“We’ve agreed to disarmament, demobilization, and reintegration of TPLF combatants into society with security considerations.” – Ethiopia National Security Advisor
The warring sides in the brutal two-year conflict in Ethiopia’s Tigray have agreed to a truce, the African Union’s mediator said Wednesday following marathon talks in South Africa.
“The two parties in the Ethiopian conflict have formally agreed to the cessation of hostilities as well as the systematic, orderly, smooth and coordinated disarmament,” the African Union’s special broker, former Nigerian president Olusegun Obasanjo, said.
The agreement marked a new “dawn” for Ethiopia, he said, speaking at a news conference.
Tigray’s rebels hailed the deal and said they had made “concessions.”
“We are ready to implement and expedite this agreement,” said the head of their delegation, Getachew Reda.
“In order to address the pains of our people, we have made concessions because we have to build trust.”
“Ultimately, the fact that we have reached a point where we have now signed an agreement speaks volumes about the readiness on the part of the two sides to lay the past behind them to chart a new path of peace,” said Reda.
Congratulations #Ethiopia. A Cessation of Hostilities in northern Ethiopia🇪🇹 is an encouraging step. I commend all parties for their tireless efforts in the @_AfricanUnion-led talks. The 🇪🇺 stands ready to help translate this CoH into a lasting peace.
— Annette Weber (@EUSR_Weber) November 2, 2022
Ethiopian and Tigrayan negotiators went to Pretoria last week for peace discussions sponsored by the AU.
The talks were first set to end on October 30 but were extended to today.
The word of a truce came after Ethiopian Prime Minister Abiy Ahmed stated that “As we’re completing the war in the north with victory, we have to bring peace, development and ensure Ethiopia’s prosperity, so we make those forces that (cause) conflict among Ethiopians from afar feel shame.”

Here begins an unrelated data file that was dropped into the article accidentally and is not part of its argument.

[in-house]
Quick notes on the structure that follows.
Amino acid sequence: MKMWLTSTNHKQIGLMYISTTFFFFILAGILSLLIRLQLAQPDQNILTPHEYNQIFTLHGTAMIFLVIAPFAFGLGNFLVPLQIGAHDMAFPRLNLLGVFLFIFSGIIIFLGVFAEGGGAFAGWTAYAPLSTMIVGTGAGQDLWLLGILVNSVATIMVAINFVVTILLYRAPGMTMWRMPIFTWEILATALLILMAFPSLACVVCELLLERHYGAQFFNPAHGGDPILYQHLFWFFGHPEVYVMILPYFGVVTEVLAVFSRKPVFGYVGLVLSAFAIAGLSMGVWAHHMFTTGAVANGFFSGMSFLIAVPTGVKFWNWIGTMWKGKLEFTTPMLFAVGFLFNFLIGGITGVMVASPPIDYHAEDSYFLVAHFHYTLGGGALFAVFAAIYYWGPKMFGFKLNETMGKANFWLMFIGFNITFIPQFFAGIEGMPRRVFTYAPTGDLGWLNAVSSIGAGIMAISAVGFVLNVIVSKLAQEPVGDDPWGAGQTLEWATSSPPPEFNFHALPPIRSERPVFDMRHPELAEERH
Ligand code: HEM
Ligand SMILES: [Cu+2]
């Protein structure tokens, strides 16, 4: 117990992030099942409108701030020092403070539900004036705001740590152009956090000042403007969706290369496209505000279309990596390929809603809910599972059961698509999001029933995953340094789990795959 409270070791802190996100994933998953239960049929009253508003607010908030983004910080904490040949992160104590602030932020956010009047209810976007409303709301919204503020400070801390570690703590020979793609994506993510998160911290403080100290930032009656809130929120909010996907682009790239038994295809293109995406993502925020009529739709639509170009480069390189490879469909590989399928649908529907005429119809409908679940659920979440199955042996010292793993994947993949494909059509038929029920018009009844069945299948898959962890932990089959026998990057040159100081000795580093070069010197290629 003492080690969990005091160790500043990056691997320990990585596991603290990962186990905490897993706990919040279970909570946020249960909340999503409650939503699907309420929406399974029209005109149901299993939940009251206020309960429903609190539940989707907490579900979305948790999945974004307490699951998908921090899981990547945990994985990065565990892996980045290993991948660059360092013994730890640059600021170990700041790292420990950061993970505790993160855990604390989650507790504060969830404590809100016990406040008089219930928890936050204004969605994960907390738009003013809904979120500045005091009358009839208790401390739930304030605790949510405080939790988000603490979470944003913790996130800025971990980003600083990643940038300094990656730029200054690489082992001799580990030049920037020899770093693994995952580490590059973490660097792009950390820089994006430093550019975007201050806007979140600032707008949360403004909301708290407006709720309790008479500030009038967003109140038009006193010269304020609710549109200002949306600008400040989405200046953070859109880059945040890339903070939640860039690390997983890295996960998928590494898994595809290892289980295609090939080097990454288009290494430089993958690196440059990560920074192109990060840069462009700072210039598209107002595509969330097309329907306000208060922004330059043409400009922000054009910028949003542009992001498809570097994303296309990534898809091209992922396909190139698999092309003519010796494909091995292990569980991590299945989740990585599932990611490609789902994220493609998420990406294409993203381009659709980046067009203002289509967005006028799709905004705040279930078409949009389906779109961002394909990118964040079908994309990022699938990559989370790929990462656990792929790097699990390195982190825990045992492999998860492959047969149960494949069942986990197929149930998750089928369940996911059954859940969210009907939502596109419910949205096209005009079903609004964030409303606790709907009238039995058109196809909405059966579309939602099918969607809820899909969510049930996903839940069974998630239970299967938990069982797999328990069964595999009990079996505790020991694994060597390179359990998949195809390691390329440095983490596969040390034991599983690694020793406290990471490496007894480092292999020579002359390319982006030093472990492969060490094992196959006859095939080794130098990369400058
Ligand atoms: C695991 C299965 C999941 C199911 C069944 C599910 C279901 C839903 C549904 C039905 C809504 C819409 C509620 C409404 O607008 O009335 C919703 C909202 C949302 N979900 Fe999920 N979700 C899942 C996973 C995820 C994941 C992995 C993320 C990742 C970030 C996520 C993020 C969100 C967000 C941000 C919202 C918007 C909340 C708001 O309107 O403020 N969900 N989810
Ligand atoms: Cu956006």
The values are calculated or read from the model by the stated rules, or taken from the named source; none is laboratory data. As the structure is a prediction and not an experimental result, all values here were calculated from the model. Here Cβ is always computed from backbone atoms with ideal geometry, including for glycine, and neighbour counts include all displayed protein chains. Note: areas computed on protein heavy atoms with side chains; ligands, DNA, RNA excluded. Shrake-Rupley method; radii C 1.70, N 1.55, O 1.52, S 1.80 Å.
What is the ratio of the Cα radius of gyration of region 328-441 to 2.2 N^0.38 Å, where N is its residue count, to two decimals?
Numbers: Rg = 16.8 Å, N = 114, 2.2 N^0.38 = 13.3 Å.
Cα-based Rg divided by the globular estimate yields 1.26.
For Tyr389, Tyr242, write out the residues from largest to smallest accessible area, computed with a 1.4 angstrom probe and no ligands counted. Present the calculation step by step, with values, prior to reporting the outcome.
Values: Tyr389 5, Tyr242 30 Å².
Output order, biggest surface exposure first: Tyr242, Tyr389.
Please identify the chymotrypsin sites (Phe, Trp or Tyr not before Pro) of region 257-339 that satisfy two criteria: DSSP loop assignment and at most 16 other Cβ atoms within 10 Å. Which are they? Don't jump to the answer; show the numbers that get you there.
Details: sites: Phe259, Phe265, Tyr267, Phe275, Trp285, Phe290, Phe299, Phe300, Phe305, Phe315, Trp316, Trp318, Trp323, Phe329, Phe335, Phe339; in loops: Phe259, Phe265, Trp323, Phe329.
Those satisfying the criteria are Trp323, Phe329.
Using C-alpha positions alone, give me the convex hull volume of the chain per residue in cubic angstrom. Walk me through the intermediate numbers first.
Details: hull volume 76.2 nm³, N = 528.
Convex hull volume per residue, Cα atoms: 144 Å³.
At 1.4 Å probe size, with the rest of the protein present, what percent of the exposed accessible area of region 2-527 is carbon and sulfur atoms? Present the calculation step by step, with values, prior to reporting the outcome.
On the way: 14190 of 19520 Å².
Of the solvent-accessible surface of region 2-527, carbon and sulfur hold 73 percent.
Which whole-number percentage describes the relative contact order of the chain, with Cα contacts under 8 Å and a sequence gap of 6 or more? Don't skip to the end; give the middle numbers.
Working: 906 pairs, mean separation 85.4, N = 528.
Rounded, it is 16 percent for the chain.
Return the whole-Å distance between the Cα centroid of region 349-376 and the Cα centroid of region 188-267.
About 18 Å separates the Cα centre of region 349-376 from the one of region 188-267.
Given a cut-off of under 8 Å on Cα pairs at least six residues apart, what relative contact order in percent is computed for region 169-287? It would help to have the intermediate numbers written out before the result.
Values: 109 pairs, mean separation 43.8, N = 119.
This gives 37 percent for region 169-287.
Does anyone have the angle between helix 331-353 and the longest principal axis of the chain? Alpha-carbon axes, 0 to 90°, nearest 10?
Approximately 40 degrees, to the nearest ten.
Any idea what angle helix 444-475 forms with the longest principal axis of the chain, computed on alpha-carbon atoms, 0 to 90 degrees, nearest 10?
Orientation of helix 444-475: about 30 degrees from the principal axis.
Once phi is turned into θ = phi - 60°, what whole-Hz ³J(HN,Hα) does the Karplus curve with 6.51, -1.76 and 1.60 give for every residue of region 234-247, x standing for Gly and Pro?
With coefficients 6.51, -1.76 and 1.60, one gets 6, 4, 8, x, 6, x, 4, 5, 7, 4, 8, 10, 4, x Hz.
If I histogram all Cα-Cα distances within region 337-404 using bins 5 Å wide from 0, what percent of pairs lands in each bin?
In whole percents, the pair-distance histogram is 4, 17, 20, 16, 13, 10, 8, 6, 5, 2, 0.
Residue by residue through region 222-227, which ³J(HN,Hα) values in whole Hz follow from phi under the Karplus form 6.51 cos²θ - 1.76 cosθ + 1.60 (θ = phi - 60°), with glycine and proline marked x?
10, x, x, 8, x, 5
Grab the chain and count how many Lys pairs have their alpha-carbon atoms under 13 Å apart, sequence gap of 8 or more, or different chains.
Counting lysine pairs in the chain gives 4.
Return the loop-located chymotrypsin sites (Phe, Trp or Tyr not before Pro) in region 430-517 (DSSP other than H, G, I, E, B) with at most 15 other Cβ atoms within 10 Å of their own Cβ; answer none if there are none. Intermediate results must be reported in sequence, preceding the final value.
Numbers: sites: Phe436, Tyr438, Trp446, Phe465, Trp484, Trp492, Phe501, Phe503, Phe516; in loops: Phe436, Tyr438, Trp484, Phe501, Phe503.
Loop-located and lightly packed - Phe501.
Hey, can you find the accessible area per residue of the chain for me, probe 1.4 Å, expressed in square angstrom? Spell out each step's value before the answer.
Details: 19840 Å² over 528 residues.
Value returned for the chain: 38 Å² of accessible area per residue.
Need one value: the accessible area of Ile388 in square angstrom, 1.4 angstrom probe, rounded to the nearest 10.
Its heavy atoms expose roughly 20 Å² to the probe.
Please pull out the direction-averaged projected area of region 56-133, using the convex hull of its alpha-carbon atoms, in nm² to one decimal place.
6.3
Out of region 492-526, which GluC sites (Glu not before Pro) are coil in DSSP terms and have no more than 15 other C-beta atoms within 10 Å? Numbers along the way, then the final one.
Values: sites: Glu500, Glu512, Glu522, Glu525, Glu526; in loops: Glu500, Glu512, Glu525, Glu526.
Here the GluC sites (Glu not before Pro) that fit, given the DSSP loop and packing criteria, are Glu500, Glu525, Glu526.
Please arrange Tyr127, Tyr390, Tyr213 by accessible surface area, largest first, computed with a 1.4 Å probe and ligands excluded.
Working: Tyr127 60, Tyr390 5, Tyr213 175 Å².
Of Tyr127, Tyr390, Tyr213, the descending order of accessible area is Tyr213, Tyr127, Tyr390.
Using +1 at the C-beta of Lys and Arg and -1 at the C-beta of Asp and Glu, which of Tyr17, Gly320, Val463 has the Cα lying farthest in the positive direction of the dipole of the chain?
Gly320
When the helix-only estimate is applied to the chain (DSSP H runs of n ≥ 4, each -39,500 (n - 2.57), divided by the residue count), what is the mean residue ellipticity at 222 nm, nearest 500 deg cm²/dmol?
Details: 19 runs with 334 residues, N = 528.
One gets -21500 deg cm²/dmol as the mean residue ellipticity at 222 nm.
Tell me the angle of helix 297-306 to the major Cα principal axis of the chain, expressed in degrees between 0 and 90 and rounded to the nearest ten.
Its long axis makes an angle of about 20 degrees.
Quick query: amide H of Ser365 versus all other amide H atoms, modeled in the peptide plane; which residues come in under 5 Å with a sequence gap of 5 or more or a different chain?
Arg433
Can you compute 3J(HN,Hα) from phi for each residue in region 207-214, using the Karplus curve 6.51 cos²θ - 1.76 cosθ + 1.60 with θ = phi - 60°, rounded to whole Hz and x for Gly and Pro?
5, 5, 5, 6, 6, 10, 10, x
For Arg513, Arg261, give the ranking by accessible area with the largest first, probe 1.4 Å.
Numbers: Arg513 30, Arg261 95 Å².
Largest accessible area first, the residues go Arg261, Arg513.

“If a victory found in war isn’t repeated in peace if the peace found through victory isn’t repeated with prosperity, Ethiopia’s existence/sovereignty will inevitably be violated one way or another,” said Abiy.
The Pretoria dialogue was launched in the face of rising international alarm over the resumption of combat in late August that ruptured a five-month truce.
Since the negotiations began, fierce fighting has continued in Tigray, where government troops backed by the Eritrean army and regional forces waged artillery bombardments and air strikes, capturing a string of towns from the rebels.
In an interview with Chinese state television broadcast on Monday, Abiy appeared to complain about foreign interference in the peace talks.
“Of course, if there are lots of interventions from left and right, it’s very difficult,” Abiy said. “Ethiopians should understand we can solve our own issues by ourselves.”
Abiy also confirmed that Ethiopian forces and their allies had taken control of the Tigrayan towns of Shire, Axum, and Adwa.
The international community has been pushing for a cessation of hostilities, humanitarian access to Tigray, and a withdrawal of Eritrean forces, whose return to the conflict has raised fears of renewed atrocities against civilians.